I found the Typepad platform nearly eight years ago in late November 2004. My first post was entitled, My Welcome to Windows, and was done on November 23, 2004. After leaving Apple in July of 2004, I wanted to get outside the reality distortion zone and taste the world of Windows. Being the adventurous type, I decided to get Linux up and running at the same time.
Eight years later I'm still writing about technology and giving Apple advice like my recent post, Apple Finally Loses Its Mantra. The post seemed to be the natural result of a weekend where I figured out that things no longer just work on my Mac.
During my nearly twenty years at Apple, I loved techical challenges even after I became a manager in 1993. System engineers loved to work for me because I usually understood what they were saying, and I tried my best to give them all the tools they needed to do their jobs. My team was the only one that I ever heard of in Apple that had its own internal web site. I built the website and used it to keep all of us accountable and informed.
Learning another operating system and using Windows XP was not that difficult, but I did have some adventures. The challenges of Windows gave me some very good perspective to launch into a battle with a local technology writer in December 2004 when he provided some inaccurate information about the Mac. My article, The Computer Battle, was reasonable advice for computer shoppers at the time.
Over the years I have written over 1,400 posts on View from the Mountain and more than another 1,000 on other sites that I maintain. Several of the posts have offered advice on buying computers like that early post. Some have poked fun at computers and politics. I have often written about why I continue to use the Mac and about some of the challenges that I have conquered.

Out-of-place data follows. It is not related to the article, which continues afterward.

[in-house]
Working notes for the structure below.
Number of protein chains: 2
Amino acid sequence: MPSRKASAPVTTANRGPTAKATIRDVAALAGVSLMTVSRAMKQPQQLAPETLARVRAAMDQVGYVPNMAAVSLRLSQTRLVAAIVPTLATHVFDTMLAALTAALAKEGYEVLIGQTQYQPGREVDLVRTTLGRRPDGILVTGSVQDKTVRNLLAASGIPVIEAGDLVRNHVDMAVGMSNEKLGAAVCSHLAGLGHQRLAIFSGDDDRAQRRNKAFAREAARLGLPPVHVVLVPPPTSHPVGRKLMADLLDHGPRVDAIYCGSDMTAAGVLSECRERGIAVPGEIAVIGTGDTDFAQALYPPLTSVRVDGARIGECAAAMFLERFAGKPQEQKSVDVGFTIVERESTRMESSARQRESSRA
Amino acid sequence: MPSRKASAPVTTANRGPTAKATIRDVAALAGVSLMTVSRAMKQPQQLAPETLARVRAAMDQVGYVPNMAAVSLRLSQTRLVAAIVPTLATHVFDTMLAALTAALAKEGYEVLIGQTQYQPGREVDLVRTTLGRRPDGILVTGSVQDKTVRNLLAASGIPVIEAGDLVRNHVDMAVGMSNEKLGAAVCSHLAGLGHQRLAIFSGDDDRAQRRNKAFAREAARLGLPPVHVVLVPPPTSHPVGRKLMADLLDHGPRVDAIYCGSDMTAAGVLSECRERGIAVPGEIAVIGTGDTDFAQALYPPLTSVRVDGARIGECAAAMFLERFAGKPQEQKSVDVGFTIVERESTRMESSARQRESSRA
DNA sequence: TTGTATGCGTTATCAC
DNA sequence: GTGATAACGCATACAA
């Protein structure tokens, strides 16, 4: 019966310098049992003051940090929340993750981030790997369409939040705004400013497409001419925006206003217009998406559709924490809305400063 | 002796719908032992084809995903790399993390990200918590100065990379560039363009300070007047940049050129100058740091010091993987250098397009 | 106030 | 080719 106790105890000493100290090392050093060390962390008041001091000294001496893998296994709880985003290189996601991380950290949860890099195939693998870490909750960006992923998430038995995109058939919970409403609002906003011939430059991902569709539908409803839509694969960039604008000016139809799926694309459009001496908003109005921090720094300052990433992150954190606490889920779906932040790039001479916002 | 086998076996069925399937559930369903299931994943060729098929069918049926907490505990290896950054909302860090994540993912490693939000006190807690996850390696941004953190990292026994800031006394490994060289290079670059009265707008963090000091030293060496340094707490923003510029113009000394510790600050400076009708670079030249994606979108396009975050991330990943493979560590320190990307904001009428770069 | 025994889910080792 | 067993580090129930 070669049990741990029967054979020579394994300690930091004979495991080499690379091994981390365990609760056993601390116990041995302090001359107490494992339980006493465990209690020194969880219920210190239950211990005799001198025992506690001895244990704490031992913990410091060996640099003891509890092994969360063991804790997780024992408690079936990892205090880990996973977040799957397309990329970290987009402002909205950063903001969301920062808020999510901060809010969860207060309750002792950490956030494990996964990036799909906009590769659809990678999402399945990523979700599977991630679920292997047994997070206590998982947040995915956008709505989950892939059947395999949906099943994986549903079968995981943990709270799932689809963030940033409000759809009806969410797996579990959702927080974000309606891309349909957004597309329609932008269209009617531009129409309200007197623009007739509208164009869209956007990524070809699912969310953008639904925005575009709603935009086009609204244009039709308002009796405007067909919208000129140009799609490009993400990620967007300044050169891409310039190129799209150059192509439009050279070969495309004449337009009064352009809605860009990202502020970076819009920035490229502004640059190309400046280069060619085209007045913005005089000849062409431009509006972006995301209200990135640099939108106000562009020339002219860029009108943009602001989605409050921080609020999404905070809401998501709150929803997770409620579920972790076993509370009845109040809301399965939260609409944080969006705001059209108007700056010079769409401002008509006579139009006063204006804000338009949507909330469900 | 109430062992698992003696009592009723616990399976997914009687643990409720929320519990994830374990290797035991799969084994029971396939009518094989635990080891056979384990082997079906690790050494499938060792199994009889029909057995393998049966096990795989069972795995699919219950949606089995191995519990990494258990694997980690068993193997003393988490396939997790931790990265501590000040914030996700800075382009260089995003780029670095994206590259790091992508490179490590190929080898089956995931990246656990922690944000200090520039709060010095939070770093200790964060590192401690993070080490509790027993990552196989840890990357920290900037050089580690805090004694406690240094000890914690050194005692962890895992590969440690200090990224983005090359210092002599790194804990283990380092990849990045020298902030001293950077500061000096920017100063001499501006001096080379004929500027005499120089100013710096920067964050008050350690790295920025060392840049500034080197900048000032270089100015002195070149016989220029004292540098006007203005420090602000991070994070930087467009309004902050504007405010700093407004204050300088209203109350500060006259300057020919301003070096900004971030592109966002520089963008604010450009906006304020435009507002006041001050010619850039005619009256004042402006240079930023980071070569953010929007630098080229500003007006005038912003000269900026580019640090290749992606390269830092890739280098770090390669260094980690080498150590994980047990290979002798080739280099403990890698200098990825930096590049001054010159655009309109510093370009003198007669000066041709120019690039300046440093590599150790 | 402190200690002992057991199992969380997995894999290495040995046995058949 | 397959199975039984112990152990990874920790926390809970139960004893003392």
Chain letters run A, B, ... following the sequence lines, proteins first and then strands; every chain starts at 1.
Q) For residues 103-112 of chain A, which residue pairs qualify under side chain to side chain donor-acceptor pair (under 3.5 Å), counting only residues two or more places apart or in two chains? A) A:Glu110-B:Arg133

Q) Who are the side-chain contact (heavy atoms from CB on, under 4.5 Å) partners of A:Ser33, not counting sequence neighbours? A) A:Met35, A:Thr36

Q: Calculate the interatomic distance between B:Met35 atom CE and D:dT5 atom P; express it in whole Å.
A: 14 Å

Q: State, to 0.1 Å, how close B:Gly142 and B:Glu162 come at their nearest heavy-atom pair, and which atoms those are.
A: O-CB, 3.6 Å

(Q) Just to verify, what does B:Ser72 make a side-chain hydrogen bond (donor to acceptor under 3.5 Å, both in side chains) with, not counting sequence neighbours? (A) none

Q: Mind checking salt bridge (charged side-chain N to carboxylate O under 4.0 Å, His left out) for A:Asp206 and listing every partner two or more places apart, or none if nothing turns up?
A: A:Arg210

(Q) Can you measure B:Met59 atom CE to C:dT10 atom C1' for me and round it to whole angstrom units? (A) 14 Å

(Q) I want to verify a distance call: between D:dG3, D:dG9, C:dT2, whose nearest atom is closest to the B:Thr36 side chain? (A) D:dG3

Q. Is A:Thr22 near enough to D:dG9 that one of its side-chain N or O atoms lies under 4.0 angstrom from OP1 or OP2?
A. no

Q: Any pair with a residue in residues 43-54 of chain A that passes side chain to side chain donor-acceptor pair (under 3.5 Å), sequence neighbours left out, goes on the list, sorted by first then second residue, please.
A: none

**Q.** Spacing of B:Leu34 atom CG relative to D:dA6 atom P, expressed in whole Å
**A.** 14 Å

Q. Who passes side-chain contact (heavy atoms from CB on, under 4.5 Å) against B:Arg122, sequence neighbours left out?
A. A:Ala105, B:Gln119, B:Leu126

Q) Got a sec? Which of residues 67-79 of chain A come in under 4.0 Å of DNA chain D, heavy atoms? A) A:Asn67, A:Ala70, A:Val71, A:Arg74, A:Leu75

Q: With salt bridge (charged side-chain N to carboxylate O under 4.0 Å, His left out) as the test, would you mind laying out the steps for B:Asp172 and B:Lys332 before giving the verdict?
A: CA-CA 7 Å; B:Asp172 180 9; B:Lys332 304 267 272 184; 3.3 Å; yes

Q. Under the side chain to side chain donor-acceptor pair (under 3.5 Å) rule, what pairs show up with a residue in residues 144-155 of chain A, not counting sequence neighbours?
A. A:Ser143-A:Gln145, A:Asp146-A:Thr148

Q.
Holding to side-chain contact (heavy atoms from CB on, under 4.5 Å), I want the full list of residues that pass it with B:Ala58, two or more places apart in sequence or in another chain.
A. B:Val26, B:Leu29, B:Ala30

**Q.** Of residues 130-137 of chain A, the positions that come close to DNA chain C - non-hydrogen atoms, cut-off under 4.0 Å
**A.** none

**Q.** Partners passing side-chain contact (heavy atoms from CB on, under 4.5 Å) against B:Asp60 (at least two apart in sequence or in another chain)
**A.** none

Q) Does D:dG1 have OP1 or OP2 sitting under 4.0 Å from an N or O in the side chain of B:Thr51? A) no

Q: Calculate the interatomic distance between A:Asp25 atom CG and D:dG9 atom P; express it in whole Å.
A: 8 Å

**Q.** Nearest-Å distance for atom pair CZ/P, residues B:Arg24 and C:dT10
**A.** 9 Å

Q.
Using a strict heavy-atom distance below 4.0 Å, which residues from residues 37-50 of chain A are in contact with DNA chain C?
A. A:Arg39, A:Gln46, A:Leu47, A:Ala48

A few have even been a glimpse of my own thinking as I tried to decide which computer to buy. This post, The Apple Value Proposition, was written in February of 2006 when I was vice president of sales and marketing for Webmail.us before Rackspace bought them up.
I finally got most things working for my Mac in that career, but when I headed off to the coast of North Carolina and decided to sell real estate for a while, using a Mac became much more difficult though I remained very optimistic for much of the first year. The MacBook that I bought in the summer of 2006 was a constant companion that first year in real estate.
By the fall of 2007, I made the decision to buy another Windows laptop since I had given my Dell laptop to my daughter as she finished her business degree. By the spring of 2008, I was calling Vista a quagmire. Still I hung with it for over two years, and surprisingly saw a great deal of improvement.
As January 2010 rolled around, my wife needed a new computer. I was ready to replace her ancient 12" Aluminum Powerbook with a new Mac laptop. However, I was determined that she not get a processor that was already out of date when it shipped. Finally I got really frustrated with Apple delaying the introduction of systems with the new Intel processors. I took advantage of a really good deal at Staples. I got my wife an I5 HP laptop and myself an I7 HP laptop. The total cost of the two Windows 7 machines was under $1,500. They turned out to be great machines from the start and even a year later I was still pleased with them.